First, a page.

Copyright ©2012 NPR. For personal, noncommercial use only. See Terms of Use. For other uses, prior permission required.

ROBERT SIEGEL, HOST:

All-girl and all-boy pop music groups from South Korea can earn millions. K-Pop is massively popular in Southeast Asia and spreading elsewhere, including the United States. One of the most successful groups popped up on CBS's "Late Show" recently.

DAVID LETTERMAN: Please welcome, making their network television debut, Girls' Generation.

(SOUNDBITE OF CHEERING AND APPLAUSE)

(SOUNDBITE OF SONG, "THE BOYS")

GIRLS' GENERATION: (Singing) I can tell you're looking at me, I know what you see. Any closer and you'll feel the heat...

SIEGEL: The appearance with David Letterman by these nine female singers reinforced their stardom back home. In Seoul, Doualy Xaykaotha met some of the teenagers who are determined to copy their success.

DOUALY XAYKAOTHAO, BYLINE: Inside a non-descript building on Seoul's Rodeo Drive, sit dozens of teenagers, some with their parents. They're taking part in open auditions held by entertainment giant SM. Guess whose music is playing?

(SOUNDBITE OF SONG, "THE BOYS")

GENERATION: (Singing) Bring the boys out. Girls' Generation make you feel the heat...

XAYKAOTHAO: It's the Girls' Generation's hit song "The Boys," the same song they performed on Letterman, the same song that's been viewed on YouTube a gazillion times.

There's no question 16-year-old Young-eun Park idolizes them.

YOUNG-EUN PARK: (Through Translator) When I see Girls' Generation, I think they are so pretty and so cool. I am going to be just like them.

XAYKAOTHAO: She's got zero formal training, but she's hoping to wow the judges by singing "Ballerino," by another K-Pop group Lee-ssang.

PARK: (Singing in Foreign Language).

XAYKAOTHAO: It's her third audition and she's hopeful, this time, she'll get a call back.

PARK: (Through Translator) I live only to sing and dance. If I don't become a singer, I won't be happy in my life. I want it so bad.

XAYKAOTHAO: She's almost tearful, but then looks up with determination and says she's going to give it her all.

Nineteen-year-old Rebecca Chiu flew in from Taiwan. She thinks she's got a shot, too, since a few famous K-Pop stars are nationals from China, Thailand and the U.S.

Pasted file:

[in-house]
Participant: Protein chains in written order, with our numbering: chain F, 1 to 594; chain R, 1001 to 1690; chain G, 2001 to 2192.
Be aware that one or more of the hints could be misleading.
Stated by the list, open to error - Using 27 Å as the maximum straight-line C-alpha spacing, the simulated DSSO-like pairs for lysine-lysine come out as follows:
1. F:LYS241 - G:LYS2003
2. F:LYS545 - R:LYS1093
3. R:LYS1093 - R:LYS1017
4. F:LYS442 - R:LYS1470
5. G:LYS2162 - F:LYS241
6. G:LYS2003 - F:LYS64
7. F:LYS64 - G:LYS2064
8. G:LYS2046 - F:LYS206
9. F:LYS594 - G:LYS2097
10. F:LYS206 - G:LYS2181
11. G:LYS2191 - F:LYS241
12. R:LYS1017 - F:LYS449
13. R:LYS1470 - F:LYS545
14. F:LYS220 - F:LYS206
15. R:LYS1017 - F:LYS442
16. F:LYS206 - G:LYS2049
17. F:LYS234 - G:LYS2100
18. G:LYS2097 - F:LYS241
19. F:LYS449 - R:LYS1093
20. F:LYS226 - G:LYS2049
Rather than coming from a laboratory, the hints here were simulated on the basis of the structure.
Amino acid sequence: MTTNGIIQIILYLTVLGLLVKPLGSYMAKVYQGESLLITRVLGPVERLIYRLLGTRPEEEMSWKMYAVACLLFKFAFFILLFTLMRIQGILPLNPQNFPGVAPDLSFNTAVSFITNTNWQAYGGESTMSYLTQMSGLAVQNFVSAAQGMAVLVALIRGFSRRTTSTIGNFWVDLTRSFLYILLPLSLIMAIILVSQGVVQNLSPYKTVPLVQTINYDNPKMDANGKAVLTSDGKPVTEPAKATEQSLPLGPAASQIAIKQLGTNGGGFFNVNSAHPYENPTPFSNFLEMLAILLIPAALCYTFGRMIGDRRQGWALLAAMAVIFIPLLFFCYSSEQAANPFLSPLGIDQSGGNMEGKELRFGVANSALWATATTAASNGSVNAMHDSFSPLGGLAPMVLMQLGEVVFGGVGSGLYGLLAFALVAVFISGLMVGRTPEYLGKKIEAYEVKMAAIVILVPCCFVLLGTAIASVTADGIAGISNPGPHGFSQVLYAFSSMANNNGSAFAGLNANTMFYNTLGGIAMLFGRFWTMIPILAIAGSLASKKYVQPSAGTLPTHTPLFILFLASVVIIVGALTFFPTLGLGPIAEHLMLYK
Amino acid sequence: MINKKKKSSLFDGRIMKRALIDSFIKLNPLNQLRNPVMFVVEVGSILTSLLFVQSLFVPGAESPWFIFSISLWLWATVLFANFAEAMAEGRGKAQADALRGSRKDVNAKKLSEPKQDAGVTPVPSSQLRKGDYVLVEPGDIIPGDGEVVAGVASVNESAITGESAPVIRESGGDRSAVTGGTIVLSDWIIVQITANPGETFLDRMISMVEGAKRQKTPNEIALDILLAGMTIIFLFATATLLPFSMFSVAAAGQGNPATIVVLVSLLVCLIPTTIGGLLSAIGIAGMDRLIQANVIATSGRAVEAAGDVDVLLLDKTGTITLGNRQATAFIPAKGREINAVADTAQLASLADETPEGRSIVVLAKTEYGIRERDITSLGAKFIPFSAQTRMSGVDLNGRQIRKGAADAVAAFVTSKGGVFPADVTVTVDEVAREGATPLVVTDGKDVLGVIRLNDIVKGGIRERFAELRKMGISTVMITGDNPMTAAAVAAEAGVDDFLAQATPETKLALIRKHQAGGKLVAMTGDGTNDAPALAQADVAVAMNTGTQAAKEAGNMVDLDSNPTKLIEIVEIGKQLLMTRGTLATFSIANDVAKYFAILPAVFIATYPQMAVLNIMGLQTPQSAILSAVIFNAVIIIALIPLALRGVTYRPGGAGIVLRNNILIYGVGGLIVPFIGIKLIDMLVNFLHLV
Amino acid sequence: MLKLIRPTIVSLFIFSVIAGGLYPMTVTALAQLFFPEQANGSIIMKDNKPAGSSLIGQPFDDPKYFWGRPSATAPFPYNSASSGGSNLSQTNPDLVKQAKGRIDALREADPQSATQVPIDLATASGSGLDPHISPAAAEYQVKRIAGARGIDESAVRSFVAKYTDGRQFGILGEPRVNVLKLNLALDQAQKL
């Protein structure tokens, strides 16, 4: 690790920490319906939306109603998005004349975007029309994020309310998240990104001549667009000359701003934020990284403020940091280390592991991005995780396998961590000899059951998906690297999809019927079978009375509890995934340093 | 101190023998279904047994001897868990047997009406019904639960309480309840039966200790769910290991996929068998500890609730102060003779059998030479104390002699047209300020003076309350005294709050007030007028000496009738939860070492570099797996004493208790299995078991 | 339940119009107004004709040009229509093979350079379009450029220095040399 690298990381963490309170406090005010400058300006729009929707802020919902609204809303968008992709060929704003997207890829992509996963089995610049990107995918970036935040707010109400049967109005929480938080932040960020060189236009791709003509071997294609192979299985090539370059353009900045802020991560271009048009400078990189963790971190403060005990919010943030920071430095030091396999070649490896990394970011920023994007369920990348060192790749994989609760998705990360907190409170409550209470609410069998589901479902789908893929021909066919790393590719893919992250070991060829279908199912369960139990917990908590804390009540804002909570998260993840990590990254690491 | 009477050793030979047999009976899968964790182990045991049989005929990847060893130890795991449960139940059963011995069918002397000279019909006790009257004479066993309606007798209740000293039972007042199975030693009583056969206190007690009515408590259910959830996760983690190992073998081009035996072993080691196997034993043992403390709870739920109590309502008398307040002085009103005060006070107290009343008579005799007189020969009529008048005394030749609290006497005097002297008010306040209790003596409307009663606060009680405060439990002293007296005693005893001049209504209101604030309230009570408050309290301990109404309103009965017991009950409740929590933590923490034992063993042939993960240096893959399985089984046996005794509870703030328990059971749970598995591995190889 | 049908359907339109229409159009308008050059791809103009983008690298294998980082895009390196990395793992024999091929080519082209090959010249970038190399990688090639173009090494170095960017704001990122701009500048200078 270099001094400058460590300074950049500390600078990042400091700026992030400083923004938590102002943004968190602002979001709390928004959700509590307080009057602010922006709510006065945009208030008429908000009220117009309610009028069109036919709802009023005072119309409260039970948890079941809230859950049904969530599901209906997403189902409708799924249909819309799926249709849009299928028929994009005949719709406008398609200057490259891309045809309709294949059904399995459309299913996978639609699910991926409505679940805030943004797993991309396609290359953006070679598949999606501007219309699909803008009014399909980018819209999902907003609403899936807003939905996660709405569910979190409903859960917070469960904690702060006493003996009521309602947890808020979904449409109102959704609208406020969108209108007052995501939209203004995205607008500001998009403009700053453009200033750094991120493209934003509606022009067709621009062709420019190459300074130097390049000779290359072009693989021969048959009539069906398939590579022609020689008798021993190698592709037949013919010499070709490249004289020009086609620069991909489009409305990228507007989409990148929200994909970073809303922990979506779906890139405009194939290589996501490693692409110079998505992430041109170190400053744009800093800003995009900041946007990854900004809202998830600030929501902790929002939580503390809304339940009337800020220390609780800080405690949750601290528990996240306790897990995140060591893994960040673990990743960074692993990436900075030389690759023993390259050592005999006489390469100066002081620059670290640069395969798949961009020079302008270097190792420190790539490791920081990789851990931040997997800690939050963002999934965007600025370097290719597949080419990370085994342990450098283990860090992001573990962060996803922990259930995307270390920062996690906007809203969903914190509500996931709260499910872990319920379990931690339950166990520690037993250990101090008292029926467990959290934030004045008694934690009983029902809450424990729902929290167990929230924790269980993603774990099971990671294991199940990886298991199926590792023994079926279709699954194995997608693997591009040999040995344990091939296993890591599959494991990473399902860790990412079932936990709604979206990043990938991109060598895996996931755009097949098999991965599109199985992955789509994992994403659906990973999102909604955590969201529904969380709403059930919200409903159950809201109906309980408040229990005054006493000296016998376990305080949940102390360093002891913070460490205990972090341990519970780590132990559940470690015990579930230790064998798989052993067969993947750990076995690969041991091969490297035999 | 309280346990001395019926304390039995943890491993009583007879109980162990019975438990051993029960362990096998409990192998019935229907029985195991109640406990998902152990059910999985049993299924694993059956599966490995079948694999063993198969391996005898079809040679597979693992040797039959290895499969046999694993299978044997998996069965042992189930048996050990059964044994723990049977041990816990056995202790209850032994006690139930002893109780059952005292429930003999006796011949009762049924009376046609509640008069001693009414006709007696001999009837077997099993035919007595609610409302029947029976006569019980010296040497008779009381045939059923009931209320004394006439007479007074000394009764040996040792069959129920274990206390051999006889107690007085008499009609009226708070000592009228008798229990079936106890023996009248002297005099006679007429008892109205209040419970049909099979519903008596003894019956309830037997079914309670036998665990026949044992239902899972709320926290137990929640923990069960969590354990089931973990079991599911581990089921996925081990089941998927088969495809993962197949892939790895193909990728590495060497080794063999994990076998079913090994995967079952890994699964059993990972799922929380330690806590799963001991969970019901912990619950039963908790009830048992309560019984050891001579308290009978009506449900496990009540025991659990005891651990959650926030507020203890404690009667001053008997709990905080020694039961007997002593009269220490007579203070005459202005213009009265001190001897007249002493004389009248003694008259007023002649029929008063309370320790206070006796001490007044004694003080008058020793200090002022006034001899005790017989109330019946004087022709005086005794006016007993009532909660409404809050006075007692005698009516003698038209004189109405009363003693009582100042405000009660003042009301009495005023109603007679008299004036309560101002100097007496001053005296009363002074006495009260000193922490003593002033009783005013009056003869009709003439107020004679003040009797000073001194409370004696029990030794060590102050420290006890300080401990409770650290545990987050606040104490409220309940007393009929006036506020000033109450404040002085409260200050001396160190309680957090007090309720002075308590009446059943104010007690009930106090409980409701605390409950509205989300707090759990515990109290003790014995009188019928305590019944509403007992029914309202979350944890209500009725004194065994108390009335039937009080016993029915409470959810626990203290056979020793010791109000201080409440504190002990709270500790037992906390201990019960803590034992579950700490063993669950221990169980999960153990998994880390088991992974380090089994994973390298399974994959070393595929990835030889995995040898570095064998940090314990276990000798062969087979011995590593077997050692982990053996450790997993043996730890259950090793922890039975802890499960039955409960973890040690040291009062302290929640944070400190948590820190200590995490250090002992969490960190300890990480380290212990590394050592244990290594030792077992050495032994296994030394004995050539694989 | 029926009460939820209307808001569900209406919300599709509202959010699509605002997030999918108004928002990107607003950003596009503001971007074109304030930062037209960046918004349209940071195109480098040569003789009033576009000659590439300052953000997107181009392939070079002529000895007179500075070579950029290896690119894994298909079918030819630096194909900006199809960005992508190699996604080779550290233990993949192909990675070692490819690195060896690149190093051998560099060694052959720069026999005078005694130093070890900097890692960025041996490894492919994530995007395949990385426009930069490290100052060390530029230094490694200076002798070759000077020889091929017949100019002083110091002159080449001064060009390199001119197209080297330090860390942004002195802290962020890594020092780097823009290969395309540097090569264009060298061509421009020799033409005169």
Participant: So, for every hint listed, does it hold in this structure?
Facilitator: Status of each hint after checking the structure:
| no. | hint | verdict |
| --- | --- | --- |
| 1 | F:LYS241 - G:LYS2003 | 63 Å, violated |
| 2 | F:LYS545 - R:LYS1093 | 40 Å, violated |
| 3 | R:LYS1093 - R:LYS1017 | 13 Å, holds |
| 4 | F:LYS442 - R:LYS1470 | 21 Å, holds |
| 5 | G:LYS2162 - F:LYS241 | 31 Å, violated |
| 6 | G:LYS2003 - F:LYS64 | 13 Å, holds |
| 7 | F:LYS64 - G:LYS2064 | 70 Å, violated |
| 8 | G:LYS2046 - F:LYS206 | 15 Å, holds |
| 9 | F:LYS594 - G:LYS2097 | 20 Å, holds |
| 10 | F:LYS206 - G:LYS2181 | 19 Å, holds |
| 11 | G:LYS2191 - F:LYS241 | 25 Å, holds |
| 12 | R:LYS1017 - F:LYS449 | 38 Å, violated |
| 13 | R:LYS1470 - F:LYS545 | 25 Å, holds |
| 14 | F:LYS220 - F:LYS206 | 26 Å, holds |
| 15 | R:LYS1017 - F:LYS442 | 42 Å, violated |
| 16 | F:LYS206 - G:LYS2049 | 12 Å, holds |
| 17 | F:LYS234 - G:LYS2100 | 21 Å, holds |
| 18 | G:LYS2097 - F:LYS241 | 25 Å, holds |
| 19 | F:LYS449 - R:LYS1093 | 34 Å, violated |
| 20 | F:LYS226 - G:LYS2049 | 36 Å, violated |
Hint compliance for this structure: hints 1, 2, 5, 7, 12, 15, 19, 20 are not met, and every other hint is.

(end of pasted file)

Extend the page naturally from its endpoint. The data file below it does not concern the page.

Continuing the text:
REBECCA CHIU: I come to Korea because the YG audition and I just buy the ticket and fly here because it's my dream. I want to make them come true.

XAYKAOTHAO: She says she especially loves the dance moves that go along with just about every K-Pop hit, though she admits she doesn't understand the Korean words in the songs.

CHIU: Just a little. I can read and I can pronounce, but I don't know the meaning.

XAYKAOTHAO: But not to worry. If the top entertainment companies like her, not only will they invest in her study of the Korean language, but they'll spend up to 3 or $4 million on years of rigorous training in song, dance, acting and more. If she gets through that, then maybe she'll have a shot at multiple contracts worth millions of dollars.

(SOUNDBITE OF DOORBELL RINGING)

UNIDENTIFIED MAN: (Foreign Language Spoken).

XAYKAOTHAO: That's the advertising single of BORN Startraining Center, a company in Seoul that trains young people to become K-Pop stars. CEO Hong Ki-sung says he's helping to mold the next generation.

HONG KI-SUNG: (Through Translator) There are so many young, talented people in Korea, so many that I can't even count them. And they're better singers than a lot of the stars out there now.

XAYKAOTHAO: Some K-Pop groups have even more members than Girls' Generation, but Hong says not all the performers have good singing voices.

KI-SUNG: (Through Translator) Appearance is important, too. That's why there are so many pretty girls and stylish boys in K-Pop bands. Even though some people in the K-Pop groups can't sing well, they have other strengths.

LIM JI-HEY: (Singing in Foreign Language).

XAYKAOTHAO: As the students prepare for the next audition, they know the road ahead is not going to be easy. The young people are well aware that thousands and thousands of South Korean kids are trying to get into the K-Pop business and most will fail.

Next door, teenager Lim Ji-hey is only on her third day at the training center.

JI-HEY: (Through Translator) I'm going to do my best and train hard to become a great performer.

XAYKAOTHAO: Maybe she won't succeed in the music world, she says, but she'd love to be an actress. And then she says she can play any role she wants, including being a K-Pop singer.

For NPR News, I'm Doualy Xaykaothao in Seoul.

Copyright © 2012 NPR. All rights reserved. No quotes from the materials contained herein may be used in any media without attribution to NPR. This transcript is provided for personal, noncommercial use only, pursuant to our Terms of Use. Any other use requires NPR's prior permission. Visit our permissions page for further information.

NPR transcripts are created on a rush deadline by a contractor for NPR, and accuracy and availability may vary. This text may not be in its final form and may be updated or revised in the future. Please be aware that the authoritative record of NPR's programming is the audio.

Comments

 

Please keep your community civil. All comments must follow the NPR.org Community rules and Terms of Use. NPR reserves the right to use the comments we receive, in whole or in part, and to use the commenter's name and location, in any medium. See also the Terms of Use, Privacy Policy and Community FAQ.